The Unconscious Origin of Hobbit:
Tolkien once said of his stories that they grow "like a seed in the dark out of the leaf-mould of the mind," adding that his own personal "compost-heap" was made "largely of linguistic matter." The word hobbit came out of that inner ferment in rare moments of spontaneous intuition.

He was busy grading examination papers when the word popped into his mind, not alone but as part of a whole sentence:

In a hole in the ground there lived a hobbit.

Tolkien trusted his philological intuition. When a name occurred to him in this manner, he usually gave it a second look. And this case was unusual in that an entire sentence was involved, not just a single name. So, even though he had formed no idea of a story or of any of its characters, he said of the occasion, "Eventually I thought I'd better find out what hobbits were like." He would subject such names to a "severe philological scrutiny."

Tolkien's philological scrutiny of In a hole in the ground there lived a hobbit turned out to be uncommonly productive. The way in which he eventually based a complex, rich, yet accessible story upon an etymological ground may be something unique in literature. Yet there are no published remarks by Tolkien about the research he must have undertaken and its relation to the story of the hobbit.


Fictional Hobbit History:
Fictionally, Tolkien characterizes himself not as author, but as translator of ancient manuscripts dating back to the Elder Days. In those manuscripts (the story goes) the word used by hobbits to refer to themselves is not hobbit at all, but kuduk, an odd-sounding expression supposed to derive from a yet older term originating in the land of Rohan and used to apply to hobbit-kind: kud-dukan, meaning "hole dweller."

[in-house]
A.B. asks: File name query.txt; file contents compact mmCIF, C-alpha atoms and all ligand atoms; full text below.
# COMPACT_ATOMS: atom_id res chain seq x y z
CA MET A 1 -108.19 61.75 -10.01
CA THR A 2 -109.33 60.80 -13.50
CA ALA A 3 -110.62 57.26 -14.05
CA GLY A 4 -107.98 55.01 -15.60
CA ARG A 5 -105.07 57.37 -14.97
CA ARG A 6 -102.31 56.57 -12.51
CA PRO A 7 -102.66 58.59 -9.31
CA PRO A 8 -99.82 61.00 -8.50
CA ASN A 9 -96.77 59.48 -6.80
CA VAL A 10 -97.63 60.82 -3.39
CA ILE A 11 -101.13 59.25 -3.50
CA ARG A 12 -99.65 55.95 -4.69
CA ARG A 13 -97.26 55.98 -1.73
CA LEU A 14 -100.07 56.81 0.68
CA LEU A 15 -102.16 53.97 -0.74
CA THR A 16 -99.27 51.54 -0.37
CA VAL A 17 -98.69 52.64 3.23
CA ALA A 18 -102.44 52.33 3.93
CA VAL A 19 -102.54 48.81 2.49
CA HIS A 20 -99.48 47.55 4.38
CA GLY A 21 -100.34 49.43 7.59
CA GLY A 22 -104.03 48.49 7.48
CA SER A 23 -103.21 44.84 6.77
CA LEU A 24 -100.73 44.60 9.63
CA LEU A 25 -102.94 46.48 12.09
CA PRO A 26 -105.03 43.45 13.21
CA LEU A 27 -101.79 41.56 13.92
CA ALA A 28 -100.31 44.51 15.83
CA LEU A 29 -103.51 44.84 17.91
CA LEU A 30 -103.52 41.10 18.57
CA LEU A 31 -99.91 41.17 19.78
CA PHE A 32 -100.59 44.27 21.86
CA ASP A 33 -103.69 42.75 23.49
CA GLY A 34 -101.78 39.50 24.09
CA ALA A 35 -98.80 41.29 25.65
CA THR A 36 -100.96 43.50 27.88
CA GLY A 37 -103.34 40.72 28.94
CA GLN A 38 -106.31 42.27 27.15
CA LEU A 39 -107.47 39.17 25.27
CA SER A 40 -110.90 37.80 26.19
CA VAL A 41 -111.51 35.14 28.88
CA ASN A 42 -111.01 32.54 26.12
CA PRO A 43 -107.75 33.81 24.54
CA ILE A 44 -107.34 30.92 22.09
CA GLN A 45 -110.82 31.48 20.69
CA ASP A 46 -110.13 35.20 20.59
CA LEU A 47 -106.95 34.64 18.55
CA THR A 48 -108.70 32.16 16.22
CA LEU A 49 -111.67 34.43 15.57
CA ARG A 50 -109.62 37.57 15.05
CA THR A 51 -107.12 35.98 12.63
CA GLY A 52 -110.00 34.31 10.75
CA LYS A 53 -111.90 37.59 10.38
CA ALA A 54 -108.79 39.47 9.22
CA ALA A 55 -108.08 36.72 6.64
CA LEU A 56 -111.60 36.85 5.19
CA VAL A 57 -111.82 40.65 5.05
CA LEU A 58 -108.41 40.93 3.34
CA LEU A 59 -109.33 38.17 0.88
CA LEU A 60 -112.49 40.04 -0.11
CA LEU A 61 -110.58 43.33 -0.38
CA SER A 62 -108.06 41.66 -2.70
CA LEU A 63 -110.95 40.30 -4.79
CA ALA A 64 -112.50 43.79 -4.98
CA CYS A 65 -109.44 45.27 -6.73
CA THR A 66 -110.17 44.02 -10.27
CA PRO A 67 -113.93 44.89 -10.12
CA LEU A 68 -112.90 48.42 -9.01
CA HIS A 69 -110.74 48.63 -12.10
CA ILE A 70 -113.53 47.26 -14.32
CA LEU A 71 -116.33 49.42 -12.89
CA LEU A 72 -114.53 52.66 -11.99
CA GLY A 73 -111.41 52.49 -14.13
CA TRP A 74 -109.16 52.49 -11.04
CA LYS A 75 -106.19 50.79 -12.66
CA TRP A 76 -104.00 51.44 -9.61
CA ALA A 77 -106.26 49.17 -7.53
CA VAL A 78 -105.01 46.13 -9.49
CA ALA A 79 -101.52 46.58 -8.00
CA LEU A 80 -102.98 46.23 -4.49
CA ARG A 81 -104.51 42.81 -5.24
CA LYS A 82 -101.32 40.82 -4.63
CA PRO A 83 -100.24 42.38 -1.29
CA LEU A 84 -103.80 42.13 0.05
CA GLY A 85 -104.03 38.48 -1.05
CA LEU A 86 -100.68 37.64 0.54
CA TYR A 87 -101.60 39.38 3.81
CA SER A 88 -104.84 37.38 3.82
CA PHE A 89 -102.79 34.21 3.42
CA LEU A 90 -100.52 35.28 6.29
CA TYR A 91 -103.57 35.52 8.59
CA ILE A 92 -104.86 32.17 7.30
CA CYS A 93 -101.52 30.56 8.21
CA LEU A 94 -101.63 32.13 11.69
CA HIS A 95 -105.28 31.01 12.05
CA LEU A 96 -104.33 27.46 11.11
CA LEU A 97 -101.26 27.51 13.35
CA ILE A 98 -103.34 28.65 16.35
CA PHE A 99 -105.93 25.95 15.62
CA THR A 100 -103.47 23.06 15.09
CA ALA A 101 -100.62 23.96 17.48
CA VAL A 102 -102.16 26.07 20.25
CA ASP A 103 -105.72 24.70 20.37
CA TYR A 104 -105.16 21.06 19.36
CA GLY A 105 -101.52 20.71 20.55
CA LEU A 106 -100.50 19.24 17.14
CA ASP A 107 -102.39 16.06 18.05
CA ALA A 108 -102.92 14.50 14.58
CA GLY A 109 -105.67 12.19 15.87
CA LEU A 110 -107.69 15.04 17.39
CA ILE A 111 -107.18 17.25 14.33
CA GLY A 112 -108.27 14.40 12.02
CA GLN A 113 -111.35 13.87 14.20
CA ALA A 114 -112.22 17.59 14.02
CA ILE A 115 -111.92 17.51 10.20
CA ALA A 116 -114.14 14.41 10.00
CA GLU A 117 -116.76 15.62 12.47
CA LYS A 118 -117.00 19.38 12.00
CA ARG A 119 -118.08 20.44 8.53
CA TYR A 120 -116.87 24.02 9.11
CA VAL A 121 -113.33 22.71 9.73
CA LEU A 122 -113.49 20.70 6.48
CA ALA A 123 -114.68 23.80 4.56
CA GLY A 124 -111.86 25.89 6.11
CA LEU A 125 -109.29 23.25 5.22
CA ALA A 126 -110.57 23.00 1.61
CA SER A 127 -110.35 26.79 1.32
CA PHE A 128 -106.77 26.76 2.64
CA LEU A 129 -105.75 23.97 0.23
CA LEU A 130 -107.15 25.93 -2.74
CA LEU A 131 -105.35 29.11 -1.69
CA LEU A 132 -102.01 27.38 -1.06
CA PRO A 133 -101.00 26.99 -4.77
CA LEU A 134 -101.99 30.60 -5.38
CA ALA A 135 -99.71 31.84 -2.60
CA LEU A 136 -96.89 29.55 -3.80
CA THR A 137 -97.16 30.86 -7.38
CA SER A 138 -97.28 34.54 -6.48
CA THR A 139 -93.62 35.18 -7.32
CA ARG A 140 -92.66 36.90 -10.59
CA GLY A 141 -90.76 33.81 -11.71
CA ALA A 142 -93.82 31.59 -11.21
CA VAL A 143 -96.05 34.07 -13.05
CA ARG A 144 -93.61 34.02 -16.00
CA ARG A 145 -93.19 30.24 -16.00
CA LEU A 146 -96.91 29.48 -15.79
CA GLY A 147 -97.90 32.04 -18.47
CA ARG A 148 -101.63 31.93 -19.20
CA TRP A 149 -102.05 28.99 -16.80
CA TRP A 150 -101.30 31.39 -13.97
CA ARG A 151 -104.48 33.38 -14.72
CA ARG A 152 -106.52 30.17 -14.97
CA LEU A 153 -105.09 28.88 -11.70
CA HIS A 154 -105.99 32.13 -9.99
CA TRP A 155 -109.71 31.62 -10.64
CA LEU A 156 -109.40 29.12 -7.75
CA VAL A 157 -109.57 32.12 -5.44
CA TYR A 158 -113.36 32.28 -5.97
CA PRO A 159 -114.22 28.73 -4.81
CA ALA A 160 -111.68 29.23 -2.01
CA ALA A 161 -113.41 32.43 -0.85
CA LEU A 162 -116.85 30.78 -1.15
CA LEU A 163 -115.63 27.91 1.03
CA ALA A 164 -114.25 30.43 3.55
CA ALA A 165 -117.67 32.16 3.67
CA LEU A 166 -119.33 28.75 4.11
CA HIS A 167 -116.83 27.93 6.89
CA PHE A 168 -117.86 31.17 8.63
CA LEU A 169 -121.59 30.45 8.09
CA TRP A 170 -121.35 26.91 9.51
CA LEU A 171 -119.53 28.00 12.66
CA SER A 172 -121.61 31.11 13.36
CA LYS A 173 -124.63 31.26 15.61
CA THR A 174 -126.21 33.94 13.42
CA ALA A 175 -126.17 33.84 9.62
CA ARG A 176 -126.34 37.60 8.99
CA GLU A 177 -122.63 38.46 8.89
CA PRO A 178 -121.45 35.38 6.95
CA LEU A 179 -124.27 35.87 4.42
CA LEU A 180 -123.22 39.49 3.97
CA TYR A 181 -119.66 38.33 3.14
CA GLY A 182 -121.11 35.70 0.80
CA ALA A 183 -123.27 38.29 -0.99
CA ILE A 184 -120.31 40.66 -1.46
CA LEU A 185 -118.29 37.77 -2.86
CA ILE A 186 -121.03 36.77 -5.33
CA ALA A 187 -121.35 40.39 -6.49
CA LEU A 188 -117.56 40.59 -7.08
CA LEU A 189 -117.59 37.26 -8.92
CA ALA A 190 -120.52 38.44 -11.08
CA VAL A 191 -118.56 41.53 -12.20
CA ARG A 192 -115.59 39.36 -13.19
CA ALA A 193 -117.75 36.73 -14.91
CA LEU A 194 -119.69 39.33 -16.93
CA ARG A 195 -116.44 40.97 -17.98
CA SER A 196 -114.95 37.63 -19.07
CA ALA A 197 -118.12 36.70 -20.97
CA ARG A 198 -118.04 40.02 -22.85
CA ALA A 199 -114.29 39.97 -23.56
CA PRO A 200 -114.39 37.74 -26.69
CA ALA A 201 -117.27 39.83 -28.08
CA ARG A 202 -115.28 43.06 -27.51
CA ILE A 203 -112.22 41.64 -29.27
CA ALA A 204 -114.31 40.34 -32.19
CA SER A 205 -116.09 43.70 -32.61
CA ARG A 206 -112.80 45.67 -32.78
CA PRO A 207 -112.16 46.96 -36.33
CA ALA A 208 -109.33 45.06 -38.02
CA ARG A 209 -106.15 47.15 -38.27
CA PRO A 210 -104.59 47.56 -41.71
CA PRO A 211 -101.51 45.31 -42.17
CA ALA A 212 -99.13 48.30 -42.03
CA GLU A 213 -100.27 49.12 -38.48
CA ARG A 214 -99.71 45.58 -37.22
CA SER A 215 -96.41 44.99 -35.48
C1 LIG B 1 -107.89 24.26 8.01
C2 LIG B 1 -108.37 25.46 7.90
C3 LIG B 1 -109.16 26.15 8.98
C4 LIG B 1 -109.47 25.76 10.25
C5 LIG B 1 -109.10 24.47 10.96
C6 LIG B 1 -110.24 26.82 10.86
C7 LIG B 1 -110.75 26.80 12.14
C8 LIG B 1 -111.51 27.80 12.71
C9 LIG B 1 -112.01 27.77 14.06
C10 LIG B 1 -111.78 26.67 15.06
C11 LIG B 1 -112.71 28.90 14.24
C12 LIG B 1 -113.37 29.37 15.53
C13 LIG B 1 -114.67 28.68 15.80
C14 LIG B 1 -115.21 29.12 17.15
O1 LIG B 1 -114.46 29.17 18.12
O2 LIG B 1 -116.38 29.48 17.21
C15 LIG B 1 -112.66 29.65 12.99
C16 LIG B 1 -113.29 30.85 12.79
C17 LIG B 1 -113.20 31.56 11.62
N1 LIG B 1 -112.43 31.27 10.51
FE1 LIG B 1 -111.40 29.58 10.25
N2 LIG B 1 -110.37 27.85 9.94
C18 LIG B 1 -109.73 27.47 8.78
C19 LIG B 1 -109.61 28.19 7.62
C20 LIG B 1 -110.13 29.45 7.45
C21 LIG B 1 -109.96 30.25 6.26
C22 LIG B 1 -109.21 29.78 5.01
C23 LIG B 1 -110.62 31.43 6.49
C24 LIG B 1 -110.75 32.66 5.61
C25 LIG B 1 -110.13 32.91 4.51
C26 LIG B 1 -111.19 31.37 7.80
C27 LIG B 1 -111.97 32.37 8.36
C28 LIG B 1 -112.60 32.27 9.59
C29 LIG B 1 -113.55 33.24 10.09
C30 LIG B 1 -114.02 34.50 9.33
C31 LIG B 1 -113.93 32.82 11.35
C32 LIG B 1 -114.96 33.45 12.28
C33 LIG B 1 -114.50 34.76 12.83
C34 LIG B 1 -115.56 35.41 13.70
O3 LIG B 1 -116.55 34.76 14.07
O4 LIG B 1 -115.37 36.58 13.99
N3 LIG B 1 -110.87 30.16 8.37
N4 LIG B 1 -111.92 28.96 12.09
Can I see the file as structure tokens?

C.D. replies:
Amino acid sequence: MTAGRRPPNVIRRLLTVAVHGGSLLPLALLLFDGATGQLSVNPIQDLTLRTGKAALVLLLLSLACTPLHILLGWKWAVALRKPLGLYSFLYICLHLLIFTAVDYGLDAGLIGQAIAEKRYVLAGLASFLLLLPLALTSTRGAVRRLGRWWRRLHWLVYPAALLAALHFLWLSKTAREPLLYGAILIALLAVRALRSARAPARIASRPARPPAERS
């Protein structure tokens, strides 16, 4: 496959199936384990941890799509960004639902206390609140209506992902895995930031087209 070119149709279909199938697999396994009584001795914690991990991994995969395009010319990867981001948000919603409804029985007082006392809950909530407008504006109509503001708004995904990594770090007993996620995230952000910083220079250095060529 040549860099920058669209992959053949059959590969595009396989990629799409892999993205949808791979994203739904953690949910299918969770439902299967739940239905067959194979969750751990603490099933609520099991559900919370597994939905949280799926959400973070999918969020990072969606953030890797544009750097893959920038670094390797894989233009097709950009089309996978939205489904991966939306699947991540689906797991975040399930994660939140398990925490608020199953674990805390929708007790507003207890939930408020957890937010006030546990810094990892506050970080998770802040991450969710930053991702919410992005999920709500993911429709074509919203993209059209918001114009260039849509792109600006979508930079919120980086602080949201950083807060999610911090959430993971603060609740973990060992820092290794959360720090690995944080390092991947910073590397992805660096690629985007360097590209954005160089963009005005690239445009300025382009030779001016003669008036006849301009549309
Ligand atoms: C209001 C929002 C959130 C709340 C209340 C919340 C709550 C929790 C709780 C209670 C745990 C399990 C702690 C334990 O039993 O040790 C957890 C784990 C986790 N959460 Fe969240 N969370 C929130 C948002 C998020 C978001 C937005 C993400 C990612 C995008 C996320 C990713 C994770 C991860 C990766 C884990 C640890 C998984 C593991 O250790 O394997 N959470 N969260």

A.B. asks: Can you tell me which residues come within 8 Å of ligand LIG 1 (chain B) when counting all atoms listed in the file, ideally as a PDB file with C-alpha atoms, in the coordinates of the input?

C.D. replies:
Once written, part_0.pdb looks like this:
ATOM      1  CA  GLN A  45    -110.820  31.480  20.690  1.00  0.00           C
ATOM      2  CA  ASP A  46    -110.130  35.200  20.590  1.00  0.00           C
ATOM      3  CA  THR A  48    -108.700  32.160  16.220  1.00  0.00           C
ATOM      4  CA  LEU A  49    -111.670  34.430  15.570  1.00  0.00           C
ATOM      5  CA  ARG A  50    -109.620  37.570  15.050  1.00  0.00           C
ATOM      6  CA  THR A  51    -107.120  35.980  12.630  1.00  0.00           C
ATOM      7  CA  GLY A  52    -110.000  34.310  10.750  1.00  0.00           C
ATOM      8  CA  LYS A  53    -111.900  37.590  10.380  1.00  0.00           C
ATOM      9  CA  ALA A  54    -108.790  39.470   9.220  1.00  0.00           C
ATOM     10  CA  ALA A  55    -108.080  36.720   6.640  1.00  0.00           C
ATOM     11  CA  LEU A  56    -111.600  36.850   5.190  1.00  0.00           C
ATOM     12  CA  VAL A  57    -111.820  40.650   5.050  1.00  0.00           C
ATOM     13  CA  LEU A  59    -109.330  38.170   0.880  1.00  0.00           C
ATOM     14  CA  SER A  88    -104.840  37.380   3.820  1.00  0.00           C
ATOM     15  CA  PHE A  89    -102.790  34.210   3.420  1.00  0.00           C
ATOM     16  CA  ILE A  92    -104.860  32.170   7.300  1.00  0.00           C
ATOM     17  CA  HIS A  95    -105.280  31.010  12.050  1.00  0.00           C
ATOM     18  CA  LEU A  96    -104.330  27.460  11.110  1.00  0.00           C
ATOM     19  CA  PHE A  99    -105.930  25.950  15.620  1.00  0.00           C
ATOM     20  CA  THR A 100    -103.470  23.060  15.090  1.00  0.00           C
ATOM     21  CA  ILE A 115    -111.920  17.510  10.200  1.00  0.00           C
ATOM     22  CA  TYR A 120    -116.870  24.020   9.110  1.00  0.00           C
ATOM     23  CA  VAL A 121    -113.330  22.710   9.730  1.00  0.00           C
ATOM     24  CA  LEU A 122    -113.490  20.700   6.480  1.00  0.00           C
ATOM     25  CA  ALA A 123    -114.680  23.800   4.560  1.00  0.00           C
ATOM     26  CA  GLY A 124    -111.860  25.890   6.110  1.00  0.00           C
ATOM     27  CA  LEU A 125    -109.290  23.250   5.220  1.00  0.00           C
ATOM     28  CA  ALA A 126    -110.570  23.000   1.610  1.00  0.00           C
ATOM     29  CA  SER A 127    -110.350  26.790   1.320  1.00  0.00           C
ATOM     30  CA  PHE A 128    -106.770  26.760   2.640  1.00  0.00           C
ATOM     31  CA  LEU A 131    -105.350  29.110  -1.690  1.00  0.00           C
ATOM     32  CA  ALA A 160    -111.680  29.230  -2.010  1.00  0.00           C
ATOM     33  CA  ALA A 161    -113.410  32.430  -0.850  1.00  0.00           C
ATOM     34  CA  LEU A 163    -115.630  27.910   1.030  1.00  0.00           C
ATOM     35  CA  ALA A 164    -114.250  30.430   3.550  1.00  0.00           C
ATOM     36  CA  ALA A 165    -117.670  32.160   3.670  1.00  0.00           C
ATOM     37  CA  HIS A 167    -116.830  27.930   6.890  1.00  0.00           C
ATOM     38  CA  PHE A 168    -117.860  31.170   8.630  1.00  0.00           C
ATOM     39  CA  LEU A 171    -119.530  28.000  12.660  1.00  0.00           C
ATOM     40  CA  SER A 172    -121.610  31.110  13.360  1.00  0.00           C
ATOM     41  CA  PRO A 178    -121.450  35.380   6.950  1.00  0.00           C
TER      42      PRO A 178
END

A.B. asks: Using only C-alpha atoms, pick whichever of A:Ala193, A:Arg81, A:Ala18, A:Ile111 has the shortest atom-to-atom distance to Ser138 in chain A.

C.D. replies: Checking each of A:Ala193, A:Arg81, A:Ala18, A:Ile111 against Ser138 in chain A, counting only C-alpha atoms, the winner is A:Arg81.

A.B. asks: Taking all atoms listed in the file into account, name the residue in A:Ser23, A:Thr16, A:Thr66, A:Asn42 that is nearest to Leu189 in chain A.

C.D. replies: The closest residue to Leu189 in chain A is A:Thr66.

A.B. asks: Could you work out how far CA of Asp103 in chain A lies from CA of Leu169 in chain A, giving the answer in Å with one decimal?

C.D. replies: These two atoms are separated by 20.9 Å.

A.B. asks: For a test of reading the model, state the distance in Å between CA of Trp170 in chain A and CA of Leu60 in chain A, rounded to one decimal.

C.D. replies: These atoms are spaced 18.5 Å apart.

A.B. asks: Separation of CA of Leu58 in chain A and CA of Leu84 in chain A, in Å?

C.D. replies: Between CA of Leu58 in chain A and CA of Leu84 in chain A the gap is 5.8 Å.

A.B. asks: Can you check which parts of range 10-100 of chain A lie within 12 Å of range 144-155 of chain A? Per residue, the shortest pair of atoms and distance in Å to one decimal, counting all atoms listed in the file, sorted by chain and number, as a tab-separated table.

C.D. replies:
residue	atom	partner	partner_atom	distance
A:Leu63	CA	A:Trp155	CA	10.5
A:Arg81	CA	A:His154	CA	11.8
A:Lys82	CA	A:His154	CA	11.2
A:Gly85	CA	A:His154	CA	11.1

Tolkien needed "English" words to translate kud-dukan and kuduk. Wishing to preserve the sense that kuduk is a "worn-down" form of kud-dukan, Tolkien first made up an "Old English" sounding word, holbytla (for hole-builder), as his "translation" of kud-dukan. Then he invented hobbit to represent a "worn-down" or modern English version of holbytla

But this is the fictional account. In order to understand just how hobbit is related to kuduk, and how Tolkien's story about hobbits is connected to philology, it is necessary to refer to a property of language which Stan McDaniel calls the eidophonetic property, or the relation between idea and sound. - Source

Read more about Eidophonetic properties and its connection to the philosophical etymology of HOBBIT, here


Wise Words for the Day: Nov 18, 2010.
"Tolkien's hobbit-stories may constitute a pivotal point in the history of science fiction and fantasy, by establishing for them more firmly than ever a base in the symbol-forming activity of human consciousness. If so, Tolkien has indeed written super science fiction. And we are only beginning to discover how super it really is. "
Stan McDaniel, from "Hobbit, The Philosophical and Literary Result."